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Did the European Court just outlaw mass surveillance?

Posted by Sam Frances on Friday, January 22nd, 2016 at 8:37

Could the European Court of Human Rights have quietly outlawed mass surveillance without most of the world noticing? Absurd though this scenario may sound, a recent blog post by the Center for Democracy & Technology (CDT) points to two recent cases, one from Russia and one from Hungary, which they argue could have serious implications for the legality of mass surveillance in Europe.

In the earlier case, Roman Zakharov v. Russia, a publisher in St. Petersburg challenged laws allowing the government to intercept mobile phone conversations without a judicial order. The more recent Szabó and Vissy v. Hungary challenged anti-terrorism laws allowing the Hungarian police to search electronic communications, mail and homes without judicial approval.

In Zakharov, … The Court found that a government may only intercept telephone communications where the body authorizing the surveillance has confirmed that there is a “reasonable suspicion” of wrongdoing on the part of “the person concerned.”  This language, along with the Court’s statement that a surveillance authorization “must clearly identify a specific person … or a single set of premises” as the subject of the monitoring, seemed to set the stage for a ruling that UK-style society-wide surveillance programs such as Tempora are illegal under the ECHR.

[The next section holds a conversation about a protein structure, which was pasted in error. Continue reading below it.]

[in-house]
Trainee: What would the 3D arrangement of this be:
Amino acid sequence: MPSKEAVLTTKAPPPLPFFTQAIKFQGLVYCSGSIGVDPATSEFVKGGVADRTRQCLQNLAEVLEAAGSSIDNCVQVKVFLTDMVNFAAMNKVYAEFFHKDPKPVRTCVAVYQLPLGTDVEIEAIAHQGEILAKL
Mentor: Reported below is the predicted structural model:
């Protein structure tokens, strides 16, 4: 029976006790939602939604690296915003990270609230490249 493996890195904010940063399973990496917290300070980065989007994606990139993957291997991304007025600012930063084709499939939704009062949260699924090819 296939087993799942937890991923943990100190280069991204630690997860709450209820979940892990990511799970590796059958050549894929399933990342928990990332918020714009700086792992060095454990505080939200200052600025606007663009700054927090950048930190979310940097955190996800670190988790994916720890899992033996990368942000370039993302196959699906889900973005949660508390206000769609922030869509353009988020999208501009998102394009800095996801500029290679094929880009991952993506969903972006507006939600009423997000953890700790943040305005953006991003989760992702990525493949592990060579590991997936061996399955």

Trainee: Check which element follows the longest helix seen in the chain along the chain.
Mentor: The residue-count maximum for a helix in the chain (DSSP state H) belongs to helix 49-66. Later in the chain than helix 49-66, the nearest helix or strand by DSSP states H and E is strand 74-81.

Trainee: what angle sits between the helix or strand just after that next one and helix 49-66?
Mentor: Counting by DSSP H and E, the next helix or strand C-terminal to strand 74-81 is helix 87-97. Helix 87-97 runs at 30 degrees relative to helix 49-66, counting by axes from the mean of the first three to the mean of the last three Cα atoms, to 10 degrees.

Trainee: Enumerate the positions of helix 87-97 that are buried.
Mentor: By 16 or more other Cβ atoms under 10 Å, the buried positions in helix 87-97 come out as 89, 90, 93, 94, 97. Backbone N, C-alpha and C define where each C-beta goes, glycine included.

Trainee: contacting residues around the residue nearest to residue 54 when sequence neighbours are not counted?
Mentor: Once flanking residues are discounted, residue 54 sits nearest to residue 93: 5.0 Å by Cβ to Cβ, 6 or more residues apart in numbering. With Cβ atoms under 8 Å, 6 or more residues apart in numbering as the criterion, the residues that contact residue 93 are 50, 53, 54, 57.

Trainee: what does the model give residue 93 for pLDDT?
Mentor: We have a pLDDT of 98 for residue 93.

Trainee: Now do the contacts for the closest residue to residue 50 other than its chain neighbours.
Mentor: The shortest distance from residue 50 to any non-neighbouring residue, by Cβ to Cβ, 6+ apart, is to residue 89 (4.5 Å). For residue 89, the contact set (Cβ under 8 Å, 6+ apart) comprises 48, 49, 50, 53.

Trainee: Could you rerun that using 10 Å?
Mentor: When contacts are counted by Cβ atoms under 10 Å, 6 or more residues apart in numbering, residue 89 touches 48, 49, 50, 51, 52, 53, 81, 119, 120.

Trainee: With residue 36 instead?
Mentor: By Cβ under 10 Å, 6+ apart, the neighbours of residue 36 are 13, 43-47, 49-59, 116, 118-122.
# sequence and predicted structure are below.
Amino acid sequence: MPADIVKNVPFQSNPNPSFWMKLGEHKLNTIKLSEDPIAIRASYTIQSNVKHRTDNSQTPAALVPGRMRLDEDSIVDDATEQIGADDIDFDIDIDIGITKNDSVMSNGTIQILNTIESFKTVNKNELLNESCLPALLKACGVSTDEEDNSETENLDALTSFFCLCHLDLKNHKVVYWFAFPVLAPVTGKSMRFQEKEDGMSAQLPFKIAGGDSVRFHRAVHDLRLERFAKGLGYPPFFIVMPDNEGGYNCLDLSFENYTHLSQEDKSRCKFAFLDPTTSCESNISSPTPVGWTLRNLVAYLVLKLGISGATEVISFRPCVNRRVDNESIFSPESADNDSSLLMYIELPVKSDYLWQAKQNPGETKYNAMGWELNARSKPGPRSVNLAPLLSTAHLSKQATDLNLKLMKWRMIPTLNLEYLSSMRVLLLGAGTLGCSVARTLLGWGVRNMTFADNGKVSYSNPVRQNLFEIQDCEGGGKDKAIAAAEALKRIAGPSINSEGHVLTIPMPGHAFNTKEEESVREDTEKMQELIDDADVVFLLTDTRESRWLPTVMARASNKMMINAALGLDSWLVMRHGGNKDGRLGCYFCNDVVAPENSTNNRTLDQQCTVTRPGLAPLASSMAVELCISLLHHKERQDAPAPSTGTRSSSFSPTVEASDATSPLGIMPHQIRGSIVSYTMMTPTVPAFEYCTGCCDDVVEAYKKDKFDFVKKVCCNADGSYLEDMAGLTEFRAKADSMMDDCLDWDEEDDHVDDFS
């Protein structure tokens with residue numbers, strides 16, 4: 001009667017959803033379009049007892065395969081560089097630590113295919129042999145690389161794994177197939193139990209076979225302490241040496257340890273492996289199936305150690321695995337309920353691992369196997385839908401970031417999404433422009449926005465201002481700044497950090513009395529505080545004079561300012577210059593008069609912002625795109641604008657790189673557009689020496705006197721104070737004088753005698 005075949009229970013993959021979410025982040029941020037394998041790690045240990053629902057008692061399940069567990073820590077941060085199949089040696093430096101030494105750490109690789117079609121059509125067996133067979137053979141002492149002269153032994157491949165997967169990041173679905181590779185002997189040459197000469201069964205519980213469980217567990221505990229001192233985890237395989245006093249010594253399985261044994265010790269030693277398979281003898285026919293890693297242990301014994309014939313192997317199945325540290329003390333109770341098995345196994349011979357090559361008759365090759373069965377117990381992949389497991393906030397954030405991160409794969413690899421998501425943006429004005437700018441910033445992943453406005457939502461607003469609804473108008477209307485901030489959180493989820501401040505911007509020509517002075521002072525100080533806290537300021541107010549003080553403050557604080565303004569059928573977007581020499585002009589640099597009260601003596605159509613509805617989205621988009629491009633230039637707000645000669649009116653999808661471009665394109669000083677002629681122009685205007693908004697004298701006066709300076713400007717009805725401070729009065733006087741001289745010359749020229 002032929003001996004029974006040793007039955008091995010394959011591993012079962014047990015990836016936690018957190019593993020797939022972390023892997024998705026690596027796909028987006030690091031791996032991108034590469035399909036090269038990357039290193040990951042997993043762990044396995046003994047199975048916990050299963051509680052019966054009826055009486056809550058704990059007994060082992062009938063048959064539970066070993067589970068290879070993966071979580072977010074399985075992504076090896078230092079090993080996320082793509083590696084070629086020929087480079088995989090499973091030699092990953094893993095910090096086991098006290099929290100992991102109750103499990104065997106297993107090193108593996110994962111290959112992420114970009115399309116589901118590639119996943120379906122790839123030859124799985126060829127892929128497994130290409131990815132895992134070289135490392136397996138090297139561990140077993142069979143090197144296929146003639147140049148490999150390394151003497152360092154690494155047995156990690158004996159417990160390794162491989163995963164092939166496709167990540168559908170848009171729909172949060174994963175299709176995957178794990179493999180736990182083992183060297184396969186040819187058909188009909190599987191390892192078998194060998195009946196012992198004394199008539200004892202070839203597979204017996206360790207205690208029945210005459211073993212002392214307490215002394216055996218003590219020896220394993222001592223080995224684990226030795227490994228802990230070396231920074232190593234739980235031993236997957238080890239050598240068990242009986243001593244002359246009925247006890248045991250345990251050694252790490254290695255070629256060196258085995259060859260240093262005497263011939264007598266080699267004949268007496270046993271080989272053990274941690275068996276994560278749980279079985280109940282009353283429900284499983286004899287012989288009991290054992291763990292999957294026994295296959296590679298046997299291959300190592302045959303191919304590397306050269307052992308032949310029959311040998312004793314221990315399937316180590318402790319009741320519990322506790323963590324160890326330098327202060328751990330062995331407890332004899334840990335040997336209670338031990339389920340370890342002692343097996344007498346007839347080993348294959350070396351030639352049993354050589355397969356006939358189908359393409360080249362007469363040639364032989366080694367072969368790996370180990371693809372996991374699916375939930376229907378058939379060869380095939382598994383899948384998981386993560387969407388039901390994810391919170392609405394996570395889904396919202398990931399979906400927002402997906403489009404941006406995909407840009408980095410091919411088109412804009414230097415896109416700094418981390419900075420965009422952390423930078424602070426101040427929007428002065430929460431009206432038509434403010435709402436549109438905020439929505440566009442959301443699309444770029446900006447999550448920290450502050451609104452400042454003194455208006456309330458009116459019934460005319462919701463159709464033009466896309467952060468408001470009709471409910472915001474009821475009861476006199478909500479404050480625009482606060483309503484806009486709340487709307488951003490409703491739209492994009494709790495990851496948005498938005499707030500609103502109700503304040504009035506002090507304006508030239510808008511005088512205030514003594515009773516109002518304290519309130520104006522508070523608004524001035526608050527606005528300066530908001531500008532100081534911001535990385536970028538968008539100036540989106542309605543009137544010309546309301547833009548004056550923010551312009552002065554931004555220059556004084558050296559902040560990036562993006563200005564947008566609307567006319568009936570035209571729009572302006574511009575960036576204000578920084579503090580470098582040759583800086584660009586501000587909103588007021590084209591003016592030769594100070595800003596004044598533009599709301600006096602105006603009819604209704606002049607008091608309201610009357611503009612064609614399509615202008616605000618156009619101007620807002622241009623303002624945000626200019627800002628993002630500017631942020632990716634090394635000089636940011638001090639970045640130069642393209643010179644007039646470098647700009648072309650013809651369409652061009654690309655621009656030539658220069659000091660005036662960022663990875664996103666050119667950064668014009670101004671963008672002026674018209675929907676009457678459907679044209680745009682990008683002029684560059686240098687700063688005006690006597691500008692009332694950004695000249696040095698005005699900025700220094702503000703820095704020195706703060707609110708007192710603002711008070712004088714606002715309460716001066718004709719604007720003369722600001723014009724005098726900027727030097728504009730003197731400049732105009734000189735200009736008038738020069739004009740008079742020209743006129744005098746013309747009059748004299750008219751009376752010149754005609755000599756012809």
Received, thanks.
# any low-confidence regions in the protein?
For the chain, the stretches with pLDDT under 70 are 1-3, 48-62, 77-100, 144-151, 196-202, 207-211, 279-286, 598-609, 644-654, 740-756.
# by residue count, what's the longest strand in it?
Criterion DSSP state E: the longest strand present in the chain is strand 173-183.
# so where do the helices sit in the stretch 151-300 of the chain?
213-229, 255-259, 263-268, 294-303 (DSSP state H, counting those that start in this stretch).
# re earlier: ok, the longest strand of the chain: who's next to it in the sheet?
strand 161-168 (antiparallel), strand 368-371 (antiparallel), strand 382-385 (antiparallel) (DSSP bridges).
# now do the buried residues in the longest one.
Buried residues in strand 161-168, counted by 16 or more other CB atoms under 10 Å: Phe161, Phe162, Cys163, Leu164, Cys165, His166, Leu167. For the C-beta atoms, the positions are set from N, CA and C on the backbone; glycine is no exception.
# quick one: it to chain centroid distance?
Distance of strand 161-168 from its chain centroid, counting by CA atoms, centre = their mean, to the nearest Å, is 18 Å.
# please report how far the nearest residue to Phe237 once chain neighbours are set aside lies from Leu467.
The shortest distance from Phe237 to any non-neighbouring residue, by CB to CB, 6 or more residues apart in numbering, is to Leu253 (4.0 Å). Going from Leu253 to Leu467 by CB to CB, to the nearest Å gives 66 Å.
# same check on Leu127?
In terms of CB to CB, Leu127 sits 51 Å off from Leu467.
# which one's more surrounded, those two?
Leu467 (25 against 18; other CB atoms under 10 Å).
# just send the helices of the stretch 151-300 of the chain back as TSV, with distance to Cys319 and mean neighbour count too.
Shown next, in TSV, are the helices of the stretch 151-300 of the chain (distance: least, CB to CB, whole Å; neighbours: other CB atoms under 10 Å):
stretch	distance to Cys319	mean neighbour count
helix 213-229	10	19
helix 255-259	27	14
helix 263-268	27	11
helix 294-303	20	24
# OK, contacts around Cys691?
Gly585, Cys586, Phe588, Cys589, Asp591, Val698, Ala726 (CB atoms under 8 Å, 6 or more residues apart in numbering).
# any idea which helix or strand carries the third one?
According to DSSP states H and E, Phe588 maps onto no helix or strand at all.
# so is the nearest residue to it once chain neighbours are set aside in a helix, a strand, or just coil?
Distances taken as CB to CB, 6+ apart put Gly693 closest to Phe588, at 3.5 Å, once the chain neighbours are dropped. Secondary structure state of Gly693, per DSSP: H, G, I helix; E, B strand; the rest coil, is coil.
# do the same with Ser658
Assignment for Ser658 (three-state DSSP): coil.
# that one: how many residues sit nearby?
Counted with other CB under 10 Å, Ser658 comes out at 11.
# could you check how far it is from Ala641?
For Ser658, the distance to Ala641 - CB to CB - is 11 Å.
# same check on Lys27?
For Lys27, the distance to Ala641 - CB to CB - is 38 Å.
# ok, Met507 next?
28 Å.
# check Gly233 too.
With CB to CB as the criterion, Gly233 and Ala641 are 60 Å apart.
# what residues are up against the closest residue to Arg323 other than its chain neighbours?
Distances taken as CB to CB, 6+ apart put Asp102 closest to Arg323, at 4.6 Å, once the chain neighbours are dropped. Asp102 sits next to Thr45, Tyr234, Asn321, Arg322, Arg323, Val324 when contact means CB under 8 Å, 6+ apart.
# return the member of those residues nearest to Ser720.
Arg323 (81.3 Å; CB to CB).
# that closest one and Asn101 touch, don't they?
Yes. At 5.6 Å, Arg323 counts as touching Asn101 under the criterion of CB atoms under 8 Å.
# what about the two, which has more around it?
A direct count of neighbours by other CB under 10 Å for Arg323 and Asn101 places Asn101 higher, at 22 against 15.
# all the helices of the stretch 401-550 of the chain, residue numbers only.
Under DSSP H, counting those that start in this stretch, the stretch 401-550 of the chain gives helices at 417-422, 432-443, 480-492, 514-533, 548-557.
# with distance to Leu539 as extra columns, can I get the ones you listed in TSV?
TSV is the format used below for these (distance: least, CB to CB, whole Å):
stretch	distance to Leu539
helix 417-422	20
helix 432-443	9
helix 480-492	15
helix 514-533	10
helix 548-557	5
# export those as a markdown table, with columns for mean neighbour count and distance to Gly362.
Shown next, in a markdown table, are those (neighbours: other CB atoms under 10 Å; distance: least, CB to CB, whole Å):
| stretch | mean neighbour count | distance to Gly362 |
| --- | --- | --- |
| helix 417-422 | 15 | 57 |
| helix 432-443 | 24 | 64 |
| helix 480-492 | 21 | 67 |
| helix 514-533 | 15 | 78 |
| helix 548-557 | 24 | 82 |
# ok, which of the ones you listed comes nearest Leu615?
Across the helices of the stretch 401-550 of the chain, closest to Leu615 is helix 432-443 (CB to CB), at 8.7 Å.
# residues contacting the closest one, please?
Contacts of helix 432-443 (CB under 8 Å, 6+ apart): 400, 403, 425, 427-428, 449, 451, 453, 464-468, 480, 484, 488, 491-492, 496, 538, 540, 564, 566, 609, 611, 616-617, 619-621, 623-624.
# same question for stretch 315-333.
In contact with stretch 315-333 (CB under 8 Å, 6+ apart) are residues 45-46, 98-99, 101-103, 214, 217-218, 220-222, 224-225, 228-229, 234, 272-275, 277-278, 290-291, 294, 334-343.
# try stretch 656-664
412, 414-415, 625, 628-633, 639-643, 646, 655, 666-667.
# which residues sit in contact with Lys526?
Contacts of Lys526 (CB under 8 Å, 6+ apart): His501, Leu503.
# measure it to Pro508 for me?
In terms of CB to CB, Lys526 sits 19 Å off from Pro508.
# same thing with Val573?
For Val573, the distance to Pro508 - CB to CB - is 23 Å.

The Court in Szabó and Vissy considered whether the challenged Hungarian laws provide “adequate and effective guarantees against abuse.” The answer was no: the phrase “strictly necessary in a democratic society,” the Court explained for the first time, means not only that a surveillance measure must be strictly necessary for “safeguarding the democratic institutions” at a general level, but must also be “strictly necessary … for the obtaining of vital intelligence in an individual operation.” Crucially, the Court added that the Hungarian authorities must therefore interpret a law allowing surveillance authorizations to apply to “a range of persons”—which, as the Court observed, could potentially include everyone in Hungary—very narrowly. According to the Court, the body authorizing the surveillance must “verify whether sufficient reasons for intercepting a specific individual’s communications exist in each case.”

For more information, see: Did the European Court of Human Rights Just Outlaw “Massive Monitoring of Communications” in Europe? – CDT

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